Feeds

Petty crimes, 150,000 kids and a million new records

Police DNA database under fire

SANS - Survey on application security programs

Have you ever used one of those machines at a fairground or on a seaside pier? You know, the ones that stretch a penny out, imprinting it with a touristy message and the date of your holiday?

Well, get yourself down to the local nick and hand over your fingerprints and a DNA sample immediately, because defacing a coin is one of 5,000 offences that will qualify you for inclusion on the Police National Computer, according to a report from The Association of Chief Police Officers (ACPO).

Other qualifying crimes include picking wildflowers, cruelty to a badger and attempting to kill yourself.

Deletion of a record will remain "exceptional", and only at the discretion of a chief of police. ACPO sets out guidelines for cases where this discretion might be exercised, for example in the case of an unlawful arrest or sampling, or when it is "established beyond reasonable doubt that no offence existed".

Which sounds rather like "guilty until proven innocent" to us, but what would we know?

ACPO says it has now clarified the difference between records being held for police work and records being held for other purposes. The report says that access to the records of anyone not convicted of an offence will be restricted to police only, but that the record will not be destroyed.

"The record will be retained on PNC until that person is deemed to have reached 100 years of age," the report says.

The PNC now contains over 4.5 million records, and according to the Liberal Democrats more than one million new names have been added to the database in the last ten months. Liberal Democrat Shadow Home Secretary Nick Clegg MP said in a statement that more than 150,000 children under 16 have now been profiled and their records stored, adding:

"These figures underline the shocking extent to which this database has intruded, often without parental consent, into the lives of our children. Thousands of these children will have been found guilty of no crime, yet samples of their DNA will remain on file for life.

"The disturbing and illiberal policy of adding a child's most personal information to a massive government computer system, simply on the grounds of an accusation, must stop immediately." ®

High performance access to file storage

More from The Register

next story
Putin tells Snowden: Russia conducts no US-style mass surveillance
Gov't is too broke for that, Russian prez says
Did a date calculation bug just cost hard-up Co-op Bank £110m?
And just when Brit banking org needs £400m to stay afloat
One year on: diplomatic fail as Chinese APT gangs get back to work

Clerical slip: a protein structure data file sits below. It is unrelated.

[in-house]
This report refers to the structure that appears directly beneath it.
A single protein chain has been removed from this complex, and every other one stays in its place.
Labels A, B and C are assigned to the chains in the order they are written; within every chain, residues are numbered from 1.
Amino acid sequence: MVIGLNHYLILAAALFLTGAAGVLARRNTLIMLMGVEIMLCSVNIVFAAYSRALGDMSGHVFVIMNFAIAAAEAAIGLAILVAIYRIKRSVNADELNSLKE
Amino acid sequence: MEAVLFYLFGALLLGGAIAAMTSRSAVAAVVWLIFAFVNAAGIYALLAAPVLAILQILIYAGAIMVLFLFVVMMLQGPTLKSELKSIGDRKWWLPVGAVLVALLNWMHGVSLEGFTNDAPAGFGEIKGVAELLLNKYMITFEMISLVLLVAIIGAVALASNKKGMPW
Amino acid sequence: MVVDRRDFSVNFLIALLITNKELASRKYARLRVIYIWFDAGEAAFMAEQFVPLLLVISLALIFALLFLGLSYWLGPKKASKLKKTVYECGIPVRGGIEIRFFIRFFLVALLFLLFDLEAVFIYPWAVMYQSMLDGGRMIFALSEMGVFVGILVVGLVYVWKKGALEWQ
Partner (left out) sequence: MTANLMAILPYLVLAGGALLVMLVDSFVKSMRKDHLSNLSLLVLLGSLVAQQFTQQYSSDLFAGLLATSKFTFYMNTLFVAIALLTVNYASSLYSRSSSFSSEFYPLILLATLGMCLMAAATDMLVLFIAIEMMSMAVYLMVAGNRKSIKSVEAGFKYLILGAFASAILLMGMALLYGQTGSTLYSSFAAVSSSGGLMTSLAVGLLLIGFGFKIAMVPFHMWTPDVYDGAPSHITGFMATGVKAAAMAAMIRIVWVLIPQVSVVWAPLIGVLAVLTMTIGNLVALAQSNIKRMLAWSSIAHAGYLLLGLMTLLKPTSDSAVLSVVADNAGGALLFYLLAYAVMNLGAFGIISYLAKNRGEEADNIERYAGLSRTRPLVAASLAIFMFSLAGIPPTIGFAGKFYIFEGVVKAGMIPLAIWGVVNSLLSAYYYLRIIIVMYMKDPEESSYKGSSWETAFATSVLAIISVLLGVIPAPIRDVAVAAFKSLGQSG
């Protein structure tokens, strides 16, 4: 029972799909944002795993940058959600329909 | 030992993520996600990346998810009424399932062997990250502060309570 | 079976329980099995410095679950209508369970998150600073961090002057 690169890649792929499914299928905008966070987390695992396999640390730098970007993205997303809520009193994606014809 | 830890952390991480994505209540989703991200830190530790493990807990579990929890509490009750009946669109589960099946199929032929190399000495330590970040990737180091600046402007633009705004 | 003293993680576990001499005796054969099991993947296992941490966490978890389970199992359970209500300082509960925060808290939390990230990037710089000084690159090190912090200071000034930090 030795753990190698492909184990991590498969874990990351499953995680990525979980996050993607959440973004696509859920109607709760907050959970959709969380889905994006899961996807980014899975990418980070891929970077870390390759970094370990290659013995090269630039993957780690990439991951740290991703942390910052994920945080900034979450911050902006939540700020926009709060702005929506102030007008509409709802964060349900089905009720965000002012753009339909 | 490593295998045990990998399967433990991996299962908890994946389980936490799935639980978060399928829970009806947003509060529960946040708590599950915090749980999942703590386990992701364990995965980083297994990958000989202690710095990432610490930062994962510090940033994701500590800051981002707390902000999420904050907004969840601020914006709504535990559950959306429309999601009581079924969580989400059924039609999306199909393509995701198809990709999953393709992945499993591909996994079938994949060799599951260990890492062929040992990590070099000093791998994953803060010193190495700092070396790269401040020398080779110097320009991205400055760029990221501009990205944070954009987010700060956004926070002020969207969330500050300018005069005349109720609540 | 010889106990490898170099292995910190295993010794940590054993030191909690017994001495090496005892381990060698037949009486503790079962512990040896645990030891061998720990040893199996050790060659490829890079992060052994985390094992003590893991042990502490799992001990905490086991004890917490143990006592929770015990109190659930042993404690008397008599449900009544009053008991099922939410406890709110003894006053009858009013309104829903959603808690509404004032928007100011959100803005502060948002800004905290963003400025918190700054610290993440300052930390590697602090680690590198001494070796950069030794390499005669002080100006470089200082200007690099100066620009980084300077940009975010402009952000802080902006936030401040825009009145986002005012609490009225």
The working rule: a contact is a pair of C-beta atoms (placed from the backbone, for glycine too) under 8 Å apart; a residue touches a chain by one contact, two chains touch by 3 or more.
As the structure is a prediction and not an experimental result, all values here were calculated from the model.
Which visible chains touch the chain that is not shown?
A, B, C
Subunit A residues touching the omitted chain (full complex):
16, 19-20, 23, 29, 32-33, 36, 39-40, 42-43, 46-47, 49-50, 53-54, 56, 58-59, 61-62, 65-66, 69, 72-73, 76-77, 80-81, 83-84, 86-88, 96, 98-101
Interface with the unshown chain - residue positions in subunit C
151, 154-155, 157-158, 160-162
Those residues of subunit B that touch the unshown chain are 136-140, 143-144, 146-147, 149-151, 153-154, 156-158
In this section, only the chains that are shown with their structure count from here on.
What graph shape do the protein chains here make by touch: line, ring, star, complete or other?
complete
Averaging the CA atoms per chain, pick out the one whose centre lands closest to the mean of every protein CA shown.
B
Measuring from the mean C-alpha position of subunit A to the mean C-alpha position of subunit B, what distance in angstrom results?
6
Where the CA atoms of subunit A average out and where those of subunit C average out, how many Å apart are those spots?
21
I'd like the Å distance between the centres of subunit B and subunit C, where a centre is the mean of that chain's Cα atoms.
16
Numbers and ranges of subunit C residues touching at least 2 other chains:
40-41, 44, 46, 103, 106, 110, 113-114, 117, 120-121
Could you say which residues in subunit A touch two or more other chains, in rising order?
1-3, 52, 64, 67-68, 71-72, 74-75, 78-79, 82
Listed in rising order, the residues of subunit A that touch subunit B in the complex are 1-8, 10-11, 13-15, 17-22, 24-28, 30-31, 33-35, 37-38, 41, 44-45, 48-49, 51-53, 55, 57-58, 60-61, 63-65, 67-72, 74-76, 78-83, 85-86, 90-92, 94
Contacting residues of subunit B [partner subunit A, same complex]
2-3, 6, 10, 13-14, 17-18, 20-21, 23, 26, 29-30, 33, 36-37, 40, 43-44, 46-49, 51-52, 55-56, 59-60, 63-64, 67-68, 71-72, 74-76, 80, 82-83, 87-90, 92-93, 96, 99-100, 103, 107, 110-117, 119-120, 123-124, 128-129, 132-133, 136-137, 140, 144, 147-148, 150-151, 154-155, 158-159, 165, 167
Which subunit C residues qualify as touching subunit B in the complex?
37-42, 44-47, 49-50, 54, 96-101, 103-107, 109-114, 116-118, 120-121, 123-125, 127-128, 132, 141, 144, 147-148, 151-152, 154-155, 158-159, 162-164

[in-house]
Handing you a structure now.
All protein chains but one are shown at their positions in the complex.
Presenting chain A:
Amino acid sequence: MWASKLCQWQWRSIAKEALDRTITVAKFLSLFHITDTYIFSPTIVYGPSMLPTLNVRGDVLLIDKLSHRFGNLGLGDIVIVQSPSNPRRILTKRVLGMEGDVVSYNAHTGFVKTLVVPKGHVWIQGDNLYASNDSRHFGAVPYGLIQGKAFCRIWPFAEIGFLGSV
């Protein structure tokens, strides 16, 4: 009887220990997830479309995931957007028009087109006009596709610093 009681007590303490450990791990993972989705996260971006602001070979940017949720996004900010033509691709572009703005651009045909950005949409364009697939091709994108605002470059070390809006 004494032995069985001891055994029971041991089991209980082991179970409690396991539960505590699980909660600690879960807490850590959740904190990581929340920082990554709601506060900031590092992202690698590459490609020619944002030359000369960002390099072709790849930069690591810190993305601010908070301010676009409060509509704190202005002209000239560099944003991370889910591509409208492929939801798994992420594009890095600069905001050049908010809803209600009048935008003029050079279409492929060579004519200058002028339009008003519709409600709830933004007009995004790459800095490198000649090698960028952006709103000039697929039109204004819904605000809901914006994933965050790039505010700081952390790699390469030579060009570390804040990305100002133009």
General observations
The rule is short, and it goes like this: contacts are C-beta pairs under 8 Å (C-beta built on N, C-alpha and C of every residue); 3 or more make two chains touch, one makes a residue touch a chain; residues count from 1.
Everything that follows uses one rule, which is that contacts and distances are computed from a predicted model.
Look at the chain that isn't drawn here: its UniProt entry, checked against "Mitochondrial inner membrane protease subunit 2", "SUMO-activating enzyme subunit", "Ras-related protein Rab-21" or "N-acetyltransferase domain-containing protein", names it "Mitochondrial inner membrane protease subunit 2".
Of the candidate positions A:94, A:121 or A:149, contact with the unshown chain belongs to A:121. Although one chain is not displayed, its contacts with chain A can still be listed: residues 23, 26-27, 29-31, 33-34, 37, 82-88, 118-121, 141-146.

Mandiant says past 12 months shows Beijing won't call off its hackers
Lavabit loses contempt of court appeal over protecting Snowden, customers
Judges rule complaints about government power are too little, too late
MtGox chief Karpelès refuses to come to US for g-men's grilling
Bitcoin baron says he needs another lawyer for FinCEN chat
Don't let no-hire pact suit witnesses call Steve Jobs a bullyboy, plead Apple and Google
'Irrelevant' character evidence should be excluded – lawyers
EFF: Feds plan to put 52 MILLION FACES into recognition database
System would identify faces as part of biometrics collection
Edward Snowden on his Putin TV appearance: 'Why all the criticism?'
Denies Q&A cameo was meant to slam US, big-up Russia
Ex-Tony Blair adviser is new top boss at UK spy-hive GCHQ
Robert Hannigan to replace Sir Iain Lobban in the autumn
Judge halts spread of zombie Nortel patents to Texas in Google trial
Epic Rockstar patent war to be waged in California
prev story

Whitepapers

Securing web applications made simple and scalable
In this whitepaper learn how automated security testing can provide a simple and scalable way to protect your web applications.
3 Big data security analytics techniques
Applying these Big Data security analytics techniques can help you make your business safer by detecting attacks early, before significant damage is done.
The benefits of software based PBX
Why you should break free from your proprietary PBX and how to leverage your existing server hardware.
Top three mobile application threats
Learn about three of the top mobile application security threats facing businesses today and recommendations on how to mitigate the risk.
Combat fraud and increase customer satisfaction
Based on their experience using HP ArcSight Enterprise Security Manager for IT security operations, Finansbank moved to HP ArcSight ESM for fraud management.